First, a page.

Study finds energy drinks have greater impact on heart, blood pressure than caffeine-only drinks
The latest research in Journal of the American Heart Association, the Open Access Journal of the American Heart Association/American Stroke Association, said drinking energy drinks, which contain a mix of caffeine and other proprietary ingredients, can cause more heart and blood pressure changes than same-size drinks with the same amount of caffeine.
The American Heart Association (AHA) said the study measured the electrical activity in 18 young participants’ hearts via electrocardiogram and that just two hours after drinking 32 ounces of a commercially available energy drink, their hearts' electrical activity was abnormal versus drinking a caffeine-matched control drink. Blood pressure was also monitored, and while both caffeine and energy drinks raised systolic blood pressure at first, blood pressure normalized faster after caffeine, AHA said.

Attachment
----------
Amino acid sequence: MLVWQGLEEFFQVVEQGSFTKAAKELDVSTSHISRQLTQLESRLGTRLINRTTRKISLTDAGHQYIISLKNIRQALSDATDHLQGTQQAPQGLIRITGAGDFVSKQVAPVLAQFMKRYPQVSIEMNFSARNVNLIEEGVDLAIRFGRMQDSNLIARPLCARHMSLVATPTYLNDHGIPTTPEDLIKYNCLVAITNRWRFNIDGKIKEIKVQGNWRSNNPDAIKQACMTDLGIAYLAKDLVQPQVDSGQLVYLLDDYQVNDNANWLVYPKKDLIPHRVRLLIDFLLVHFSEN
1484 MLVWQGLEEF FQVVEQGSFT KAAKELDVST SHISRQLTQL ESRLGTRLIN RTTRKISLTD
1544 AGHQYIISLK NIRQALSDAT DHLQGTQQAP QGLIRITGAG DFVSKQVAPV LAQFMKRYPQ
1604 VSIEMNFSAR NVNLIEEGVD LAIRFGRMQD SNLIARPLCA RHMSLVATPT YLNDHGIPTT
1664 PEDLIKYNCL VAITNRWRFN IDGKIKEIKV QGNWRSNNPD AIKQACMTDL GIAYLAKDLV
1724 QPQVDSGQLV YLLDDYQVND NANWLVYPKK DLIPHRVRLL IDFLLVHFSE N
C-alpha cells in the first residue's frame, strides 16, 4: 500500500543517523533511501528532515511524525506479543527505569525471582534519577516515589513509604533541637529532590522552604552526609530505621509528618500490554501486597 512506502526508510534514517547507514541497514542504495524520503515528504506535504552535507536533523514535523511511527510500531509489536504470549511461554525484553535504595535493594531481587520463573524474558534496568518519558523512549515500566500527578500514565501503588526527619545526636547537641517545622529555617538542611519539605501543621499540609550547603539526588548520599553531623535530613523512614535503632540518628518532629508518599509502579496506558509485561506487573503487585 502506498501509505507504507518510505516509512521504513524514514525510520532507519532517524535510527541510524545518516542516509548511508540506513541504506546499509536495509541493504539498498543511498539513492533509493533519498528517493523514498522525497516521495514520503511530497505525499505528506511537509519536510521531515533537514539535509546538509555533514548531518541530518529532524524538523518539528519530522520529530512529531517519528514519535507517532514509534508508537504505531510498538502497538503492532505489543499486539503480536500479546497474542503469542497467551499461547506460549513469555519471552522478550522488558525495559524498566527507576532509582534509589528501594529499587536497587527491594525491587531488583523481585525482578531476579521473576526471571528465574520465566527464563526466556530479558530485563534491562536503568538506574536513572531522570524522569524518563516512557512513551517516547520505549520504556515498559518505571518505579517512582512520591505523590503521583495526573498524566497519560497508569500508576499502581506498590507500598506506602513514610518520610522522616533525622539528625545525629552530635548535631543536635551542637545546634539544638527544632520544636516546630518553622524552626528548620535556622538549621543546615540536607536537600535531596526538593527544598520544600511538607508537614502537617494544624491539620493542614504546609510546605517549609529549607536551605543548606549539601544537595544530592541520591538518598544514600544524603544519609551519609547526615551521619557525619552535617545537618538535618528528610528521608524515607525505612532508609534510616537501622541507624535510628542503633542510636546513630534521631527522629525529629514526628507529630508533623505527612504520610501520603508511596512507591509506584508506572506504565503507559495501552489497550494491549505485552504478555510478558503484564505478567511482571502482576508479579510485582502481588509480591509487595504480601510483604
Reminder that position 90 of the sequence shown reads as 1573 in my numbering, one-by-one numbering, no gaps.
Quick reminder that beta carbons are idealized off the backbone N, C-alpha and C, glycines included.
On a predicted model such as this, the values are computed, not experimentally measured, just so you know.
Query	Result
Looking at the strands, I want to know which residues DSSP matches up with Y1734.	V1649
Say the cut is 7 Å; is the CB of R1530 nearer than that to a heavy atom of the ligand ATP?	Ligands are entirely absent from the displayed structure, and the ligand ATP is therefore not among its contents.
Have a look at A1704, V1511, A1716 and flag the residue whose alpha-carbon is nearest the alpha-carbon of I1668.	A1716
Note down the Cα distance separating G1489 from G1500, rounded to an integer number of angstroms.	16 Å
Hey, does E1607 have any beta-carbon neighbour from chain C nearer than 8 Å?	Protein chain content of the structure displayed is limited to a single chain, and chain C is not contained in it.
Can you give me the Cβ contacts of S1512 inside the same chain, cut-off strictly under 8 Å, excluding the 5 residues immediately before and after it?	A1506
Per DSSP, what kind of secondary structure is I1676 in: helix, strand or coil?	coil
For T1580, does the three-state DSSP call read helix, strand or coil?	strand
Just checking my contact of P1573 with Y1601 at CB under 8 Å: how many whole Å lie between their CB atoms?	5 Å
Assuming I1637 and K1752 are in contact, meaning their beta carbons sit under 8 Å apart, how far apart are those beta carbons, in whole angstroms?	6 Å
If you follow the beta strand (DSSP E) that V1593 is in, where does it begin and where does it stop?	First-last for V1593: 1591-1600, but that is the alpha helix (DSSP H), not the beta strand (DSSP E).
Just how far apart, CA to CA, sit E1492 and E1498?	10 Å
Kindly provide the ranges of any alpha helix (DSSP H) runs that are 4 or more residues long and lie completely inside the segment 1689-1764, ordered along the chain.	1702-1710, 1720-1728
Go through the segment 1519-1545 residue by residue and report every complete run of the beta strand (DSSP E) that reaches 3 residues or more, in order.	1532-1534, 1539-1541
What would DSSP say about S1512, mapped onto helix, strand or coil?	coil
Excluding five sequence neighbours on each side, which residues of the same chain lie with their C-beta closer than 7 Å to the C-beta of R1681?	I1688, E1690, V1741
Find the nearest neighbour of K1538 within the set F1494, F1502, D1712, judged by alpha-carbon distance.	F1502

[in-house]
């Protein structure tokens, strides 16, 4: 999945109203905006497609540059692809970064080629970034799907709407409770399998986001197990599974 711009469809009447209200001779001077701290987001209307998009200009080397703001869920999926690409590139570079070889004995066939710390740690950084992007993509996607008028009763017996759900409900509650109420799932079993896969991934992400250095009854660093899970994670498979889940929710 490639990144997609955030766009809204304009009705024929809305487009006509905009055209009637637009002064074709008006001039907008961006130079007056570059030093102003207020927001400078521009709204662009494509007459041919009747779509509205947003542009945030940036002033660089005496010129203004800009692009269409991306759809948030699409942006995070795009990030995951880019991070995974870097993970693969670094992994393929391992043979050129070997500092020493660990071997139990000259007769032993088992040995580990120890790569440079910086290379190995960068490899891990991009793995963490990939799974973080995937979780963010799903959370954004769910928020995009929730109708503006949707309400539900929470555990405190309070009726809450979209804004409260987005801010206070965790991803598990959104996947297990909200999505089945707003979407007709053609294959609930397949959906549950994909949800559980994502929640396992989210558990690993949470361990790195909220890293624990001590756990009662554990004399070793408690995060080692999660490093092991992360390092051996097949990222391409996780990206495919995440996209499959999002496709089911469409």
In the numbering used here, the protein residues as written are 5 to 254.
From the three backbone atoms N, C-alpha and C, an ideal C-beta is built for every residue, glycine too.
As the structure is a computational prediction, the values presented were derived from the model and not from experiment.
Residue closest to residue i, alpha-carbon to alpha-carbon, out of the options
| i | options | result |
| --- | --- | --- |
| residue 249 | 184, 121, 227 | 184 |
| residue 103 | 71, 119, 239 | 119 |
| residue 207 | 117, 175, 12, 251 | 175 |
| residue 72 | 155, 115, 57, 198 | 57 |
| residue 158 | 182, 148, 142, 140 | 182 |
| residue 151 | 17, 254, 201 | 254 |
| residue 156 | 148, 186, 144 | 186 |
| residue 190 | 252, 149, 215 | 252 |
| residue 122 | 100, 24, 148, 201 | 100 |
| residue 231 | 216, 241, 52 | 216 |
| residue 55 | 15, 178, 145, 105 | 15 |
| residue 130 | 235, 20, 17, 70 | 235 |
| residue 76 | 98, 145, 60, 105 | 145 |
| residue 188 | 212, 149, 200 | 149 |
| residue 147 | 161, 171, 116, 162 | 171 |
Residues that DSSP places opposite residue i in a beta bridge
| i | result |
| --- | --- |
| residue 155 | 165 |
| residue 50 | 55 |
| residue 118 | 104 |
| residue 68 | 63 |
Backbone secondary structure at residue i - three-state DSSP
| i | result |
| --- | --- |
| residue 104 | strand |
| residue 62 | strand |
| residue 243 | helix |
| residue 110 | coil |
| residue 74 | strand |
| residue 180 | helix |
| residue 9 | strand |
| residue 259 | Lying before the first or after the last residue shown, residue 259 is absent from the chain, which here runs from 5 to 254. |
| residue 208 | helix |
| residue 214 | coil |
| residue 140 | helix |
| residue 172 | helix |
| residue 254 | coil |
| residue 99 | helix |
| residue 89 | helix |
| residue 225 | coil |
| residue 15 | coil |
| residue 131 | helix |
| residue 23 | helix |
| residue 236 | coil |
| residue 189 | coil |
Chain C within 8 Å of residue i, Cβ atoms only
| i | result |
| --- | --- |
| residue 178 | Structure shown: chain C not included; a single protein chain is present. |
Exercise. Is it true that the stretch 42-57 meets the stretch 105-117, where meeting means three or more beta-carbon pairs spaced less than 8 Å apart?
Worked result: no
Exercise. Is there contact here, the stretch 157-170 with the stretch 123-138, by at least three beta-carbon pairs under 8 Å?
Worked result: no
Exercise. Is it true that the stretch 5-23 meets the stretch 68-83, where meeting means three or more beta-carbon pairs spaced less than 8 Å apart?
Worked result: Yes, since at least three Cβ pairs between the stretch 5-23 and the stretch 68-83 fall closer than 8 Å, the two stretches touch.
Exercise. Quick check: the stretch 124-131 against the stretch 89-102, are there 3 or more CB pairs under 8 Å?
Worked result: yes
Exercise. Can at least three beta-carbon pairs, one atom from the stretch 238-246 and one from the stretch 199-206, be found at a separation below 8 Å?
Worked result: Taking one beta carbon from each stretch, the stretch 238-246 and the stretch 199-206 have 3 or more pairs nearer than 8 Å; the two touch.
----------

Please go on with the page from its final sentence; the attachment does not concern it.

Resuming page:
“We decided to study energy drinks’ potential heart health impact because previous research has shown 75 percent of the base’s military personnel have consumed an energy drink,” Emily Fletcher, study author and deputy pharmacy flight commander from David Grant U.S.A.F. Medical Center at Travis Air Force Base in California, said in the press release. “And nearly 15 percent of military personnel, in general, drink three cans a day when deployed, which is more than we studied here.”
The energy drink and caffeine-only participant groups had similar increases in systolic blood pressure, however, systolic pressures in the caffeine group returned to nearly original readings after six hours, AHA said.
“On the other hand, those who consumed the energy drinks still had a mildly elevated blood pressure after six hours,” Fletcher said. “This suggests that ingredients other than caffeine may have some blood pressure altering effects, but this needs further evaluation.”
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